The Philippines' top film and television actors and leading politicians joined hundreds of relatives and friends of the country's most popular comedian as his body was laid to rest Sunday.
Dolphy, born Rodolfo Vera Quizon, was widely regarded as the nation's "King of Comedy", whose almost seven-decade-long career brought cheer to the Philippines during its most turbulent and darkest moments.
Dolphy's remains were encased in a glass-topped golden metal casket that he himself bought in the 1970s at slightly over $40,000.
Many in the star-studded crowd openly wept as the casket shimmered in the afternoon sun while pall bearers carried it a short distance from inside a chapel to the grounds of a heavily-secured exclusive cemetery in Manila.
Manila Mayor Alfredo Lim snapped a salute in front of Dolphy's casket, while Dolphy's partner of 23 years, Zsa Zsa Padilla, tightly clung to it before it was shut and placed inside a black stoned crypt.
The ceremony was closed to Dolphy's millions of grieving fans, many of whom travelled from different parts of the country to pay their respects to the comedian, officials said.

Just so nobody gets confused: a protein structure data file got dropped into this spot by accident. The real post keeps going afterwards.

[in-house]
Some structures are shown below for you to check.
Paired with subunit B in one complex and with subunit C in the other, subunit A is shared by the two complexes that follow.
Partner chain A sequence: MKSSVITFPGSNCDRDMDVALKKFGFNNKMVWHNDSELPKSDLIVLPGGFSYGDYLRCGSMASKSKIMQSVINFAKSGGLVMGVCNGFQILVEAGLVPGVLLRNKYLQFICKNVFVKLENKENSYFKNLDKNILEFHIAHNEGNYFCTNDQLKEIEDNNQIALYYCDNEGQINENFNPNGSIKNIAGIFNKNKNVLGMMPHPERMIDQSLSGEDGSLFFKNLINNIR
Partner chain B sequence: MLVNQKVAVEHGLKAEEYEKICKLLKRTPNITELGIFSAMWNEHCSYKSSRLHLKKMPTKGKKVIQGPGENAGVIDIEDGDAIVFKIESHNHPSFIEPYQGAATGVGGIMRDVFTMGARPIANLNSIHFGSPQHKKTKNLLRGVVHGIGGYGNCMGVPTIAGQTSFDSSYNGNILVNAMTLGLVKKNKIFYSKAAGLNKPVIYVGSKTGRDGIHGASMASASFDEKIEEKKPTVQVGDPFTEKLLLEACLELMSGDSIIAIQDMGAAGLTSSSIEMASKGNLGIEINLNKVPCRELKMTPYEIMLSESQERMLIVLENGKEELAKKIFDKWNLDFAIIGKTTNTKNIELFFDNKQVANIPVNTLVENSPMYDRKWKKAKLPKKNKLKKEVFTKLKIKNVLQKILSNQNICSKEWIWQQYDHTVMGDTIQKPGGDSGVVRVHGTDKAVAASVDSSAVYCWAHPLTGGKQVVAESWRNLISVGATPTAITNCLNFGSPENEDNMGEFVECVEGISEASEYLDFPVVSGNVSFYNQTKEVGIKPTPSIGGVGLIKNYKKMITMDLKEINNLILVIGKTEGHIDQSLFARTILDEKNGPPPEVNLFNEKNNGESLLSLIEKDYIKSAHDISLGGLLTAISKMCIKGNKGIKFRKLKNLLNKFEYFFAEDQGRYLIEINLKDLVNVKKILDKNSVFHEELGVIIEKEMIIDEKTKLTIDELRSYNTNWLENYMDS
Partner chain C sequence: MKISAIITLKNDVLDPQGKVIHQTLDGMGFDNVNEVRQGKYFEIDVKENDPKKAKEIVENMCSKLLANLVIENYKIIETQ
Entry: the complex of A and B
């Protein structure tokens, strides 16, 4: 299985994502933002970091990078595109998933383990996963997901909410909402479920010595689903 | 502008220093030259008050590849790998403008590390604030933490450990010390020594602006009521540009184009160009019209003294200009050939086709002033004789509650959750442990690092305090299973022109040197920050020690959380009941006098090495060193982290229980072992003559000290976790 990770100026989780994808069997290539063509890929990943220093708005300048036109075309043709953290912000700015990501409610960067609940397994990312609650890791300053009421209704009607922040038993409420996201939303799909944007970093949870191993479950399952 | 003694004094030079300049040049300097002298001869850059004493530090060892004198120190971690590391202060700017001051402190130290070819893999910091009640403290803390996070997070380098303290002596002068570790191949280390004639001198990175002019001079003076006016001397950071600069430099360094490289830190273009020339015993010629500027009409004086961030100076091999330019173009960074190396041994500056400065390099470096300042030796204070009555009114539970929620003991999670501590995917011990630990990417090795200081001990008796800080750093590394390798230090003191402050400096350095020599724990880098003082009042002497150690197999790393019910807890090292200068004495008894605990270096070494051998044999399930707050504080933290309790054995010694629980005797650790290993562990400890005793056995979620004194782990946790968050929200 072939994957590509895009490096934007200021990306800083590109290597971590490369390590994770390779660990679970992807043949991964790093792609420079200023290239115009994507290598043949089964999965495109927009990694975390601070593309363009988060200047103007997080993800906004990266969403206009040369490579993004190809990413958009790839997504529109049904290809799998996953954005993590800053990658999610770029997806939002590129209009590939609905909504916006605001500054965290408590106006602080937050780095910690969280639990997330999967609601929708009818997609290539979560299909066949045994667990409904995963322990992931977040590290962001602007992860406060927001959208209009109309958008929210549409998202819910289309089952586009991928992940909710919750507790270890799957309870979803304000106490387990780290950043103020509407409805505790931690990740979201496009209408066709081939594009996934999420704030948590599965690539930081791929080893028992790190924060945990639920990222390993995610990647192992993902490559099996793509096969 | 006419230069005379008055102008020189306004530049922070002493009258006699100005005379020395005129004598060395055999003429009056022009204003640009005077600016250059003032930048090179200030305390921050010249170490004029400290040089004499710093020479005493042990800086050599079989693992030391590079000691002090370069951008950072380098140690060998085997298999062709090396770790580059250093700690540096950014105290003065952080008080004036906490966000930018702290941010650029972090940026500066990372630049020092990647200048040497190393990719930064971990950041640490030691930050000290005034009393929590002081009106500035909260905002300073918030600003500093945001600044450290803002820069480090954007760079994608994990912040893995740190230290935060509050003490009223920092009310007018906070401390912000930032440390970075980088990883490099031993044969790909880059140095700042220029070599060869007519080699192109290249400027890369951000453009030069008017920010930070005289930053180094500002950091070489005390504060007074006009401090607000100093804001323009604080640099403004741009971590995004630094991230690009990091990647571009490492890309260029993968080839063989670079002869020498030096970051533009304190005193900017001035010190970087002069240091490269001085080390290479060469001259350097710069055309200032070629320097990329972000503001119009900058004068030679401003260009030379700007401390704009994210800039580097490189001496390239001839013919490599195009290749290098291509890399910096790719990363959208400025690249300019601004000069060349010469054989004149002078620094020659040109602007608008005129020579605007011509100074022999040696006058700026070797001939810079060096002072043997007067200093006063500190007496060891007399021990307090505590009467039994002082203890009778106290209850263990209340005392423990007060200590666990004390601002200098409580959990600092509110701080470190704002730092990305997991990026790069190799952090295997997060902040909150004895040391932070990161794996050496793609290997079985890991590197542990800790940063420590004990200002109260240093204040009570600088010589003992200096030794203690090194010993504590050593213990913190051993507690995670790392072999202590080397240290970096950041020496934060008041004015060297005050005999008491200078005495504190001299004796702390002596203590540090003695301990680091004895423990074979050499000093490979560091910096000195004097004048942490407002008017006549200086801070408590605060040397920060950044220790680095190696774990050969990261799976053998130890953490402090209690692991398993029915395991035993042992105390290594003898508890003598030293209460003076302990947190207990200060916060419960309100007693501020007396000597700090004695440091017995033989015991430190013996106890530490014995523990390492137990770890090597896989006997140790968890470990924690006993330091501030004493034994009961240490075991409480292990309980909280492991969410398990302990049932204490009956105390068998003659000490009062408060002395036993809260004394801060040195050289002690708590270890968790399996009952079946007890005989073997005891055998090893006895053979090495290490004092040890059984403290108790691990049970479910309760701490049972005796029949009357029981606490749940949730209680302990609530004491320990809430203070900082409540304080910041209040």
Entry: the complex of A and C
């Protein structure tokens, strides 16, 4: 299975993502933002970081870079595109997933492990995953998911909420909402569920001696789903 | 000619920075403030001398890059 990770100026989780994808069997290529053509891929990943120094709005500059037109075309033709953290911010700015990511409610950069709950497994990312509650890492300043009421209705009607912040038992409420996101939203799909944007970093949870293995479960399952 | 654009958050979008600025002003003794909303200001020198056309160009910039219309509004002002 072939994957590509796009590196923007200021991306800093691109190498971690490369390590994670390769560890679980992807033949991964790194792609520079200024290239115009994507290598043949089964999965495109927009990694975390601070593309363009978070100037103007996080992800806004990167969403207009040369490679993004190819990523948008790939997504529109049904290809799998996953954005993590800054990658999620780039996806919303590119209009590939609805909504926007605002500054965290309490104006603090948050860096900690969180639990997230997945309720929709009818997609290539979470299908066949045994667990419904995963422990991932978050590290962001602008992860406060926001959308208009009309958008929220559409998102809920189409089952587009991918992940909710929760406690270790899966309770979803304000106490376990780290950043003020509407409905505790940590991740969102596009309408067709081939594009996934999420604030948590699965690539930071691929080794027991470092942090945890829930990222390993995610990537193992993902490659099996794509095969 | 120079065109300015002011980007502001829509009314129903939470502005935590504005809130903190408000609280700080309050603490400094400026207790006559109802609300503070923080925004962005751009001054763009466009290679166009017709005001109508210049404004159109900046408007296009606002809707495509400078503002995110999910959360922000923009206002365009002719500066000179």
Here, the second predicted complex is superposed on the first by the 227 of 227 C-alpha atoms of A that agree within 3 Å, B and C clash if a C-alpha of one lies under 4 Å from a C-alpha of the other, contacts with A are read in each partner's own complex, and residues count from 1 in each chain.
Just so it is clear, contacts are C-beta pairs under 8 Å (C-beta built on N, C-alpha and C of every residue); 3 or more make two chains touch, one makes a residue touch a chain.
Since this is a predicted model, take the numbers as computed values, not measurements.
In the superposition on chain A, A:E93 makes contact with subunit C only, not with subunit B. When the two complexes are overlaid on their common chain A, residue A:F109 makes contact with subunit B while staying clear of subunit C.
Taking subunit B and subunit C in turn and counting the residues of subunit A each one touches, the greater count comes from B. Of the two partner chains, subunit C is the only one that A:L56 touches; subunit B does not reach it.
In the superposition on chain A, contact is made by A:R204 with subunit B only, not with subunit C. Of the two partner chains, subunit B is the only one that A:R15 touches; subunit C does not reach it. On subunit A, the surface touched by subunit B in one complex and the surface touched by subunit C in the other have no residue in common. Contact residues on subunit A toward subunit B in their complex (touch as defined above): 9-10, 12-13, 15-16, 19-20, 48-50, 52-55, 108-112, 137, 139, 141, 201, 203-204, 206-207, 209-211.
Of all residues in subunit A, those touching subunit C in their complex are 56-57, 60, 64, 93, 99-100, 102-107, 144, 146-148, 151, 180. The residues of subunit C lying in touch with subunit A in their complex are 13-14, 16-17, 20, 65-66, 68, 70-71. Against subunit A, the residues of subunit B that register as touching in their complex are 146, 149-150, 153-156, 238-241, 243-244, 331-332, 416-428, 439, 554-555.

Private television stations however beamed the funeral live to homes Sunday afternoon.
"Thank you for joining us in taking Dolphy to his final resting place," an emotional Padilla told the crowd. "I love you my lovey. Until we meet again."
Many of the country's top actors who had worked with Dolphy were in the crowd and they openly wept despite exhortations by the priest that the late comedian wanted everyone to smile in his funeral.
Dolphy was widely known for his colourful comedic roles, from a cross-dressing homosexual to a poor jack of all trades. He died of pulmonary disorder last week aged 83.
In the 1970s he played the poor husband to a rich wife, who poked fun at his loud-mouthed mother-in-law, giving comedic relief during Ferdinand Marcos' brutal 20-year martial law regime that left thousands dead and missing.
It was a slapstick brand of comedy that steered clear of politics or criticism of Marcos.
President Benigno Aquino, who visited Dolphy's wake last week, paid the highest tribute to the comedian, calling him a force that embodied the best of Filipino traits.
"Through his art, he widened our outlook, he gave us the power to find and cherish happiness in our daily lives," Aquino had said.